Percocet is a narcotic analgesic that doctors commonly prescribe to treat acute pain and moderate to severe chronic pain. This medication is a combination of oxycodone, which is a derivative of opium, and acetaminophen, a non-narcotic analgesic. However, it is also highly addictive.
During the pandemic, there has been a rise in substance misuse and a decline in help-seeking. At Pennsylvania Adult and Teen Challenge, we offer numerous avenues for people concerned about their use of prescription painkillers and other opiates. We offer inpatient and outpatient addiction treatment, as well as programs specific to prescription, heroin, fentanyl, and other opiate misuses. Our approach is faith-based and anchored in the belief in compassionate care and individual dignity. If you or a loved one needs addiction treatment, reach out to an addiction specialist at our prescription medication addiction treatment program using the online form or calling 844.442.8673.
Percocet Side Effects
When people use Percocet as their doctor prescribed, it has a range of non-life-threatening side effects. The least concerning include:
- Bad breath
- Rash and itching
Other common side-effects include flu-like symptoms, such as chills, fever, dizziness, and nausea. Stomach pain, vomiting blood, dark urine or stool, shallow breathing, and confusion also can result from Percocet use.
Long-Term Dangers of Percocet Use
Percocet is a schedule II controlled substance, which means it has a high potential for abuse and addiction. People who misuse Percocet may do so by taking more pills than prescribed, taking the medication more frequently than prescribed, or crushing and snorting the pills to get a quicker and more intense high.
There are many dangers associated with Percocet addiction, including:
- Respiratory depression
- Heart problems
- Gastrointestinal problems
- Liver damage
- Kidney damage
- Brain damage
- Infectious diseases
There are more serious, though less common, side effects of this use as well. Depression of breathing, blood pressure and circulation, apnea (periodic cessation of breathing), and shock can also result from Percocet use.
Because Percocet is a combination of two powerful pain relievers, it comes with the above risks, as well as others, such as tolerance, dependence, and addiction.
Tolerance, Dependence, and Addiction
Percocet interacts within the brain, affecting how it feels and responds to pain. Continued use of Percocet and other pain treatments that include oxycodone can lead to tolerance, dependence, and in many cases, addiction.
Tolerance means the patient’s body grows used to the dose the doctor prescribed initially and needs more to achieve the same effects. Tolerance is a slippery slope.
Dependence is the next step on the risk ladder. If a patient’s body requires the drug even when it is not in pain, they’ve developed physical dependence. Discontinuing the medication will result in withdrawal symptoms, including chills, nausea, vomiting, and insomnia. At this point, the patient is in danger of becoming addicted.
Symptoms of Percocet Addiction
Addiction is defined as a compulsive, chronic, physical, and psychological need for a habit-forming substance. Symptoms of addiction include overwhelming cravings, including obsessive thoughts of the drug and an inability to control usage. Some people become so desperate to acquire the drug that they will move from doctor to doctor and even lie about their pain. In some cases, their addiction shifts to illegal opiates that are often cheaper and easier to find. Other symptoms of Percocet addiction include:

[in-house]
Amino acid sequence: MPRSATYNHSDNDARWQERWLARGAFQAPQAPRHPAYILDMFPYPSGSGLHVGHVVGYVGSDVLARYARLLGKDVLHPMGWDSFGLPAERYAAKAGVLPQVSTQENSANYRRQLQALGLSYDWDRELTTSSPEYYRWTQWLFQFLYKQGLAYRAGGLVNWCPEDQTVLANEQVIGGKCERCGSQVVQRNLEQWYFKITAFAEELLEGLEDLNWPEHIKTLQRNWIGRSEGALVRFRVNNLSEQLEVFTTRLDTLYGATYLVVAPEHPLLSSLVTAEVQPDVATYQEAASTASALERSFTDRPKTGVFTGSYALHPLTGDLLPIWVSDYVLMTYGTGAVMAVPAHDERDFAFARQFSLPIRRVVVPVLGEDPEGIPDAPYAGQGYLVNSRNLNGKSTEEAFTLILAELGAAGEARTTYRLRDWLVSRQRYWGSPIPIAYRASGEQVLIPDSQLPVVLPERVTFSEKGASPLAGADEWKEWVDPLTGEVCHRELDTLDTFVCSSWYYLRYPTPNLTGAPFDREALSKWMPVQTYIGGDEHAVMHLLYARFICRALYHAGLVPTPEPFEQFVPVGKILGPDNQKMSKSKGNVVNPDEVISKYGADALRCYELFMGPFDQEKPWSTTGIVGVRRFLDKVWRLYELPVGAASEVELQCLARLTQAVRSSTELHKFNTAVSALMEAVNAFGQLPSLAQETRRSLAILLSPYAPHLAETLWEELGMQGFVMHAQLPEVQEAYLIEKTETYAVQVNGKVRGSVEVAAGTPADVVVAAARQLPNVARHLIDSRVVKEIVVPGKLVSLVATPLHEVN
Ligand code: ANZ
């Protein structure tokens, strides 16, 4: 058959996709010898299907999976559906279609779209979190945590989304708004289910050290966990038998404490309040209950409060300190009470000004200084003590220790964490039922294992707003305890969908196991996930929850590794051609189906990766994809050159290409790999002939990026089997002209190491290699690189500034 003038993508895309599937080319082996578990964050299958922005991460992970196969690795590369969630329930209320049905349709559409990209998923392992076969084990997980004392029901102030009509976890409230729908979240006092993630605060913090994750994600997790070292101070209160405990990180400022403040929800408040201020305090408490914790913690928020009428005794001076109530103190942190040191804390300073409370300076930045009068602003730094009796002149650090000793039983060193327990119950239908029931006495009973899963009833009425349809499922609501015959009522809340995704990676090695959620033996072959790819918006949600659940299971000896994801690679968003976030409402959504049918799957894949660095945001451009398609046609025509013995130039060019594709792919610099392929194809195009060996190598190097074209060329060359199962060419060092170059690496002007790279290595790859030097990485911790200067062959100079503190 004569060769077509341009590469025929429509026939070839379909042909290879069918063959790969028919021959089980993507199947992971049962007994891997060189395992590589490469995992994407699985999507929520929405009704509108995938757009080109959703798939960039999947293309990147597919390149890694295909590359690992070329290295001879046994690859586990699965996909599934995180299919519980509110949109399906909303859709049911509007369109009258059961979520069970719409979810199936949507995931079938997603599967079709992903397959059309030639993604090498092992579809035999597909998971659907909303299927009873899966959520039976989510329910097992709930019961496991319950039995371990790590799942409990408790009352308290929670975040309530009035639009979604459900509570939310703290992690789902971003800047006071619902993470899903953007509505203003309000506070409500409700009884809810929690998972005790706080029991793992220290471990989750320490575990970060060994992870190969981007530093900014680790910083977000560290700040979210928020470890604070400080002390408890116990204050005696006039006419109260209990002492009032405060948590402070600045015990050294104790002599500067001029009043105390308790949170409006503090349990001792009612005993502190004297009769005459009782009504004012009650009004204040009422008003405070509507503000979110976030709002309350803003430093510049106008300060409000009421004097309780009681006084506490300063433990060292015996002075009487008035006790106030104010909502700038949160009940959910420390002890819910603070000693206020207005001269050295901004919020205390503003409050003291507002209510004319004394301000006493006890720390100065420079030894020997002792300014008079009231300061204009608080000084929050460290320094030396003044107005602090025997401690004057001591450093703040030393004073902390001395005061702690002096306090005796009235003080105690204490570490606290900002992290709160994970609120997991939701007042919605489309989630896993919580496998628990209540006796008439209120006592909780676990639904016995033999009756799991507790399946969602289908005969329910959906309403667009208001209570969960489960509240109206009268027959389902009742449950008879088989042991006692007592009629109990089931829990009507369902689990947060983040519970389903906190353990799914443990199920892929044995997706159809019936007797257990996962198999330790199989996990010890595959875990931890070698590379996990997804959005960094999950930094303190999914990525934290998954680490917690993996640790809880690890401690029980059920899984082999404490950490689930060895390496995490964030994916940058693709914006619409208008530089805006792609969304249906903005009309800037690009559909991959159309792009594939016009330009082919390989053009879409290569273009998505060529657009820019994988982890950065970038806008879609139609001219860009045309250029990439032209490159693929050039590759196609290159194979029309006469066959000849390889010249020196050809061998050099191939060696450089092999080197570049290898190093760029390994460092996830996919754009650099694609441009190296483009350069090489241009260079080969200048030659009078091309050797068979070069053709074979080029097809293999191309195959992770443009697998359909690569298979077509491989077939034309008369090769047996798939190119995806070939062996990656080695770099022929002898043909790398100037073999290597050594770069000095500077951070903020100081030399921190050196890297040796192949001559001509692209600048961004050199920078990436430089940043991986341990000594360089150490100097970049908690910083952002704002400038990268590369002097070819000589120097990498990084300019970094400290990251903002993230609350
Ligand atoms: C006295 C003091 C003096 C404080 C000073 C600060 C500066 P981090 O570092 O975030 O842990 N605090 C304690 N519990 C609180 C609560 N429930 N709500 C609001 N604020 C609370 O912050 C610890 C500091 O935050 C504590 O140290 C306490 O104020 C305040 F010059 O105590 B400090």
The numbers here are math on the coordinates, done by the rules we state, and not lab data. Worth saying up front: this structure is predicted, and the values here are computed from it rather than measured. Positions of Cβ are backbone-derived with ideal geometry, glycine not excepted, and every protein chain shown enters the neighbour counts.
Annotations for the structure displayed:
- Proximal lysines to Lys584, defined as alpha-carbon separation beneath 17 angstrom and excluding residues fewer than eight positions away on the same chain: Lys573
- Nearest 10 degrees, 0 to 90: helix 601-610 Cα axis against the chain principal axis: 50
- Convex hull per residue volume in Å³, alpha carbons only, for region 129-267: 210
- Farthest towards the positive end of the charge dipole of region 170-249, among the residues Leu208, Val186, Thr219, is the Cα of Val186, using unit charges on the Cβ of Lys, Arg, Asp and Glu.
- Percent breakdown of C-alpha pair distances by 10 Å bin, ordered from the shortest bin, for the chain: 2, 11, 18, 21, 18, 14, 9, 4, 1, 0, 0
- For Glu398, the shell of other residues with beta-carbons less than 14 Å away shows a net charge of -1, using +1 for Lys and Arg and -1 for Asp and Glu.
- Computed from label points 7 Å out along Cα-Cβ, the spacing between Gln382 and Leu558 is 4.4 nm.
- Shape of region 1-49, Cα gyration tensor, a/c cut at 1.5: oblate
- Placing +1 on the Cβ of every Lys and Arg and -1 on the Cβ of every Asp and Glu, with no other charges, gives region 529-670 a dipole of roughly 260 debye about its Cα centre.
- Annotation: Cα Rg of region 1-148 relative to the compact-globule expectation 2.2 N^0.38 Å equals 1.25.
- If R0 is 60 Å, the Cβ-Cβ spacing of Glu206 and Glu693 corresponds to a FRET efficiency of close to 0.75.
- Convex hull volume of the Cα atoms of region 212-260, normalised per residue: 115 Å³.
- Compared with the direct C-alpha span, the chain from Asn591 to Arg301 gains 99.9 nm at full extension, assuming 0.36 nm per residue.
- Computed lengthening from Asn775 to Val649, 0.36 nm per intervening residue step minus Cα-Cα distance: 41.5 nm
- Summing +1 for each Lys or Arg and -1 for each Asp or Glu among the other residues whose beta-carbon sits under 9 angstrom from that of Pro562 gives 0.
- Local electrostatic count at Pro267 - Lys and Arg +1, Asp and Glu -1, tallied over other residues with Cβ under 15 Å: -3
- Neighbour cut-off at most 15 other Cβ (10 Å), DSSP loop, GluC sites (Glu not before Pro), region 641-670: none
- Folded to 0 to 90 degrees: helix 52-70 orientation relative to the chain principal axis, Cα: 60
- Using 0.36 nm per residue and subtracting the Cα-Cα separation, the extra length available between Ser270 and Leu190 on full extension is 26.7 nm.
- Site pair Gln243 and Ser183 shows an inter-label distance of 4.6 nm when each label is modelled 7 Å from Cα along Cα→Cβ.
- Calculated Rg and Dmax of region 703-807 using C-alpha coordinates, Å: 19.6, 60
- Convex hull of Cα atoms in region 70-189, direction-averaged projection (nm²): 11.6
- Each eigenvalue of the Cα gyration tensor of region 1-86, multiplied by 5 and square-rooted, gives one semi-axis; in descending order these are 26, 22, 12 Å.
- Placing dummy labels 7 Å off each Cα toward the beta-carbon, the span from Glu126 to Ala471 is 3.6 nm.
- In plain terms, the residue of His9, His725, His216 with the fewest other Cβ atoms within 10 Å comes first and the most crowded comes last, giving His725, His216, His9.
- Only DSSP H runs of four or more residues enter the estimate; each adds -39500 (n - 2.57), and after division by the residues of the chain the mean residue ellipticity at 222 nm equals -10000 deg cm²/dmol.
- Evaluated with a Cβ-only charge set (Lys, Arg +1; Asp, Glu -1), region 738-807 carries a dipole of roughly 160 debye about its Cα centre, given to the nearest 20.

- Social withdrawal
- Mood swings
- Financial instability
- Problems at work or school
- Secretive behavior
If you or a loved one is addicted to Percocet, it’s important to seek help. Pennsylvania Adult and Teen Challenge offers addiction treatment that can help people recover from Percocet addiction. Reach out today for a free consultation.
The Dangers of Oxycodone
Despite being a potent pain relief drug, doctors and patients should prescribe and use any medication containing oxycodone with extreme caution. There is a high risk of dependence and addiction. Furthermore, if patients take it in high doses or combine it with other substances like alcohol, this substance can interfere with breathing resulting in death. Many physicians face a moral dilemma when prescribing Percocet. They want to offer relief to patients suffering from severe pain, but they also understand the long-term dangers of opiates. More and more pain patients are being referred to pain-management specialists to help navigate the risks.
Seek Treatment at Pennsylvania Adult and Teen Challenge
During the pandemic, anxiety, isolation, and financial and job insecurity add to the increase in addiction and opiate misuse we see nationwide. Fortunately, there is treatment available. We offer evidence-based, long-term residential programs that have been successful in treating addiction for over 50 years. Our Christian faith-based approach is designed to help patients not only recover from addiction but also find hope and meaning in their lives. If you or a loved one is struggling with Percocet addiction, we can help.
If you are concerned about your use of Percocet or other opiate prescription painkillers or have concerns about a friend or loved one, PAATC can help. We have four locations around Pennsylvania. Contact our opiate addiction treatment center by using the online form or by calling 844.442.8673 today. Our caring professionals want to see you succeed.